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Thanks, Jonas. Clearly, as I think Tim mentioned earlier, we watch that soybean-to-corn price ratio really closely because over the years that we've been watching this, there isn't a difference point where the economics and the value of those 2 crops sort of balance. And so as we see pricing differences, we see that ratio swing and we watch demand swing with that for corn. So right now, the scenario that's out there, it's the best data that we really have, the USDA estimates around yield but also USDA estimates around intended planting for 2020 would say that we will see a little bit more corn, and we'll see a -- maybe the balance, 1/3, 2/3 more of those acres that Tim mentioned coming back into soybeans. So if you saw a big swing in price more towards corn, you'd see growers respond to that. The way our portfolio sits today on a net margin basis, as we've said many times before, our profitability would favor stronger corn acres than soybean acres. But we're really starting to change that equation. You start to think about the penetration that we'll have with Enlist going forward as we've added other products to our portfolio, the A series soybeans and the relative performance that we're having on that portfolio and our ability to price for the value that we deliver, it's starting to moderate that margin slight -- that margin difference slightly. So we're just going to put ourselves in a position to respond to the market with however it turns out, and we'll be ready, depending on those 2 areas.

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Operator [28]

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Our next question will come from Steve Byrne with Bank of America.

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Steve Byrne, BofA Merrill Lynch, Research Division - Director of Equity Research [29]

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You had a few of your crop chemical peers post results in the last couple of days, and one area that seems to reflect a differential result is Latin America, where you had peers that posted some pretty strong volumes in contrast to yours, and I just wanted to get your view on that. You did note that there was some volume pull into the second quarter and a little bit of a push into the fourth quarter. Is this a differential impact on Corteva because of your product mix or your crop focus or is there anything else going on here like capacity constraints in Spinosyns? Or is there any area where you might be losing some market share?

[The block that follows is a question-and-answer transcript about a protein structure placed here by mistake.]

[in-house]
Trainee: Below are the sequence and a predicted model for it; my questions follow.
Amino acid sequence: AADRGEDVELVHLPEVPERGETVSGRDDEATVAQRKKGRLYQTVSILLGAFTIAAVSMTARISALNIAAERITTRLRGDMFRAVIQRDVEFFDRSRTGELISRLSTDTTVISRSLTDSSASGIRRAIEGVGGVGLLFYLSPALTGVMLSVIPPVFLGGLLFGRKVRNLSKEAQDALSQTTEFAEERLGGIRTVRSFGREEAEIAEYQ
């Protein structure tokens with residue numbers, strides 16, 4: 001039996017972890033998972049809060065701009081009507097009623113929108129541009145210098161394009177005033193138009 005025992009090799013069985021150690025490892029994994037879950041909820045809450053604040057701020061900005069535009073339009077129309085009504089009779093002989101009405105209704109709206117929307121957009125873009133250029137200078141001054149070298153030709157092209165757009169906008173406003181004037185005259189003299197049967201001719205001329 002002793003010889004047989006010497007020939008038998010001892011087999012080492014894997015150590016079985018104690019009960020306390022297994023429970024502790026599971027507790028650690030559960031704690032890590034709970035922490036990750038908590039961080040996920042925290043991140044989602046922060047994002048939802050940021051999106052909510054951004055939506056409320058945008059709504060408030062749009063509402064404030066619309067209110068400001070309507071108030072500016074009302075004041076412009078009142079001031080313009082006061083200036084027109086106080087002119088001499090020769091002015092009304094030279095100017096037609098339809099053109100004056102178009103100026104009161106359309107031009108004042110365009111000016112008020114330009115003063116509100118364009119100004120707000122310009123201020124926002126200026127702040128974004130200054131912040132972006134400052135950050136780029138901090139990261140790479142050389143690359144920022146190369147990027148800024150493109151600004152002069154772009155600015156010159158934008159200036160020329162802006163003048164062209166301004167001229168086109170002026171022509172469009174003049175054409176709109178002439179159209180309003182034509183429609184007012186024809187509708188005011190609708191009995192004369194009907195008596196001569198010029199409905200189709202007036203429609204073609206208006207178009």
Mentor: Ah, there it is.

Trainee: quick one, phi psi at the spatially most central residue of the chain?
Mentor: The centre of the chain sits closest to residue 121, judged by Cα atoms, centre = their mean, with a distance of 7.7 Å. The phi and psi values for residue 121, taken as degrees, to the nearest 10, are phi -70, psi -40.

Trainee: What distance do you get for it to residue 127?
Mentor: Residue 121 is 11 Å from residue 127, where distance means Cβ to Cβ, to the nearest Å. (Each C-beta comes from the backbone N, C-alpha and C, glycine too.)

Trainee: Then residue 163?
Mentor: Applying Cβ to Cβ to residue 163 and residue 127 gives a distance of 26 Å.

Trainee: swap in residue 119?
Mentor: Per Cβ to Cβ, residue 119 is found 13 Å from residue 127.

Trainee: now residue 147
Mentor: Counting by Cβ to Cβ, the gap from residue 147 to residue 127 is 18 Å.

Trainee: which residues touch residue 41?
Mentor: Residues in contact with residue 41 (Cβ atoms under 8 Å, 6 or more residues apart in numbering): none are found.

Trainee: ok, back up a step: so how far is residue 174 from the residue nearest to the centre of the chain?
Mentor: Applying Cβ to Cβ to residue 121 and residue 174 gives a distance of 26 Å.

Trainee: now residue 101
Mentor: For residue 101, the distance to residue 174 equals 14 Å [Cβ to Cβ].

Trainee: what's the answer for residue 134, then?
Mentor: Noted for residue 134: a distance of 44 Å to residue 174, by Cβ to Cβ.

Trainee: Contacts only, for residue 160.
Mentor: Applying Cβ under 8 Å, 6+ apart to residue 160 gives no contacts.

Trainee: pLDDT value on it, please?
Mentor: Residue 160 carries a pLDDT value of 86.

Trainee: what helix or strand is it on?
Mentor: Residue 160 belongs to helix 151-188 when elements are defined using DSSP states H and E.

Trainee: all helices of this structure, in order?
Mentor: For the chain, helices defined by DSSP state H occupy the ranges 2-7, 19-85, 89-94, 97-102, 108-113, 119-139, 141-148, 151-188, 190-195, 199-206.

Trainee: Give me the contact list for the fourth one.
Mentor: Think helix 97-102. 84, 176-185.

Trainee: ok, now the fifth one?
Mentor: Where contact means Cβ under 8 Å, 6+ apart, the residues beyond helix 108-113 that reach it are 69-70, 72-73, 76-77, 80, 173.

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James C. Collins, Corteva, Inc. - CEO & Director [30]

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Yes, Steve. So let's just start with the Latin America message. You really can't just look here at third quarter and really compare what's going on. If I step back from that, our Latin America business overall for the year organically is up 8%. So you said it accurately, there was a large portion of our Crop Protection business, because of the products we sell and the timing of the market, was really accelerated into the second quarter and we reported out on that very, very specifically. And then on top of that, we've got some of the leading fungicides for soybeans in Brazil and you're all reading about what's happening with this -- with the planting in Brazil. Due to the lack of rains, we've had a slightly delayed planting. And so the setup for our products has shifted a little bit here into fourth quarter. And we've got good indications that, that flow of products is happening. We've got October essentially behind us here, and we can see good volume growth. So -- and when you step back then and look at insecticides overall, it again, really is not a story year-to-date. Our insecticide business in Latin America is up as much as 30%. And globally, our Insect portfolio is up 9%, and we'd expect the market maybe is more like 5%, mid-5% range. So we're outpacing the market. Maybe I'll ask Rajan to talk a little bit about capacity and capacity constraints, we've done a lot in that. You saw some announcements we made today. So Rajan, you want to talk a little bit about that?

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Rajan Gajaria, Corteva, Inc. - EVP of Business Platforms [31]